• Example: She wrote, “They made there [sic] beds.” • Note: The correct sentence should have been, “They made their beds.”

• Why use [sic] at all? Why not just make the correction?
• If you are quoting material, it is expected that you will copy it exactly as it appeared in the original.

Paraphrasing
• What is paraphrasing and why would I want to do it?
• Sometimes quotations are too long to include in your paper, or a little too complicated. You can paraphrase, or put the idea from the text in your own words and use it in your paper.

• Here are a few things to remember when paraphrasing:
• Always cite the source of the paraphrased information and list the source on your Works Cited page. • Restate the information using your own words and your own sentences. Never use the same sentence structure as the original author.

Paraphrasing

Parenthetical Citations
• What is a parenthetical citation?
• A parenthetical citation is a when a writer directly puts into the text a note from where he or she got the information.

• What is the purpose of using parenthetical citations?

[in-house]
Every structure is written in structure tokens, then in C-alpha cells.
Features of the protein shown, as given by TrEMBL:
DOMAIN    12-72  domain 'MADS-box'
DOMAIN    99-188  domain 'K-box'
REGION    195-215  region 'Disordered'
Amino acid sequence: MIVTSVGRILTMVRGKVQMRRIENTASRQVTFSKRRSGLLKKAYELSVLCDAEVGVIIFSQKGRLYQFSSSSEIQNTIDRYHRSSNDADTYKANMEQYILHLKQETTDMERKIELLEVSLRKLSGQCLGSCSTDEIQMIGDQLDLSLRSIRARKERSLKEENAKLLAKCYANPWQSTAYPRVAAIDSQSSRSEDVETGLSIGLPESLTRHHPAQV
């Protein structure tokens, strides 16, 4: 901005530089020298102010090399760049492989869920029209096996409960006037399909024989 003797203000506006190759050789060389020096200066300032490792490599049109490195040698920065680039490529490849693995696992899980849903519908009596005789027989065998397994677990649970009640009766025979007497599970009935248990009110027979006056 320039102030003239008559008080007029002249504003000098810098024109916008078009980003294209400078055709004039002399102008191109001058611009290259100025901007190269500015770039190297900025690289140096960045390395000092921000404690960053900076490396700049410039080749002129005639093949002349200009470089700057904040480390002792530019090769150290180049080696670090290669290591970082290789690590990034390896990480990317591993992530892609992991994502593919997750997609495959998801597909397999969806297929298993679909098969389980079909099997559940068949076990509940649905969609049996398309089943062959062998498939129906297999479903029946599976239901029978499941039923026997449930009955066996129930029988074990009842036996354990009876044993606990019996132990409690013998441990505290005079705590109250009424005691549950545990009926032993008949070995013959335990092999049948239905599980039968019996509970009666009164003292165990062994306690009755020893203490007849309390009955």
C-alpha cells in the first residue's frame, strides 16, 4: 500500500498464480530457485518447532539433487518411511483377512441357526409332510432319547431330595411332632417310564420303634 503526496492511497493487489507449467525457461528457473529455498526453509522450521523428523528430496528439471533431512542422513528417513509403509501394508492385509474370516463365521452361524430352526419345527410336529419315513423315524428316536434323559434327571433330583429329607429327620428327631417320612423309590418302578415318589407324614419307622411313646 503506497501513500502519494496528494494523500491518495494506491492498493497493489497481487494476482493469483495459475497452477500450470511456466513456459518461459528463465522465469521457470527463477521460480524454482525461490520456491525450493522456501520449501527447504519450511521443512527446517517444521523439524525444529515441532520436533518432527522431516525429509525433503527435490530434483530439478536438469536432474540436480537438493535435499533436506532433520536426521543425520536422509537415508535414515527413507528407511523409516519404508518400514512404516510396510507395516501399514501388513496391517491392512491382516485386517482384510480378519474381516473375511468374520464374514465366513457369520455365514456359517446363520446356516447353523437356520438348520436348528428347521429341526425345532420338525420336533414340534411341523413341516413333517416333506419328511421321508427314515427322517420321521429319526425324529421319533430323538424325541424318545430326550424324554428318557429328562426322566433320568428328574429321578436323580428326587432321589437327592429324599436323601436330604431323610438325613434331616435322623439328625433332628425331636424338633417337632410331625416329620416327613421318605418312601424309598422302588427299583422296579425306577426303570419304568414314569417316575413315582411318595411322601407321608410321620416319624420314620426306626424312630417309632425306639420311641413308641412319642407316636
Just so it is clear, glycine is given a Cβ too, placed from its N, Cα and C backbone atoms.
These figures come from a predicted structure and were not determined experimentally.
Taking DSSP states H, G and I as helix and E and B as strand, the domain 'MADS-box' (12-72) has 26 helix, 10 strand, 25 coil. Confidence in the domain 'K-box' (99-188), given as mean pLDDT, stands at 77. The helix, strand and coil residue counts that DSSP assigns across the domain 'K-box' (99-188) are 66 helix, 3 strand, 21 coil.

• A parenthetical citation allows the reader to know which source a quotation or idea came from.

• Are all parenthetical citations the same?
• Parenthetical citations look different after different types of quotations/paraphrases. See below for examples.

Parenthetical Citations
• Citations for basic print sources:
• To make a parenthetical citation you place the author‟s last name and the page number the information came from inside the parenthesis. The parenthetical citation goes inside the end punctuation.

• Example (quotation): “In 2007, 37 percent of American adults sought medical information from the internet regarding a health problem they were experiencing before consulting a doctor” (Smith 38). • Example (paraphrase): Instead of going to a doctor right away, a recent study found that 37 percent of Americans are now turning to the internet for medical information (Smith 38).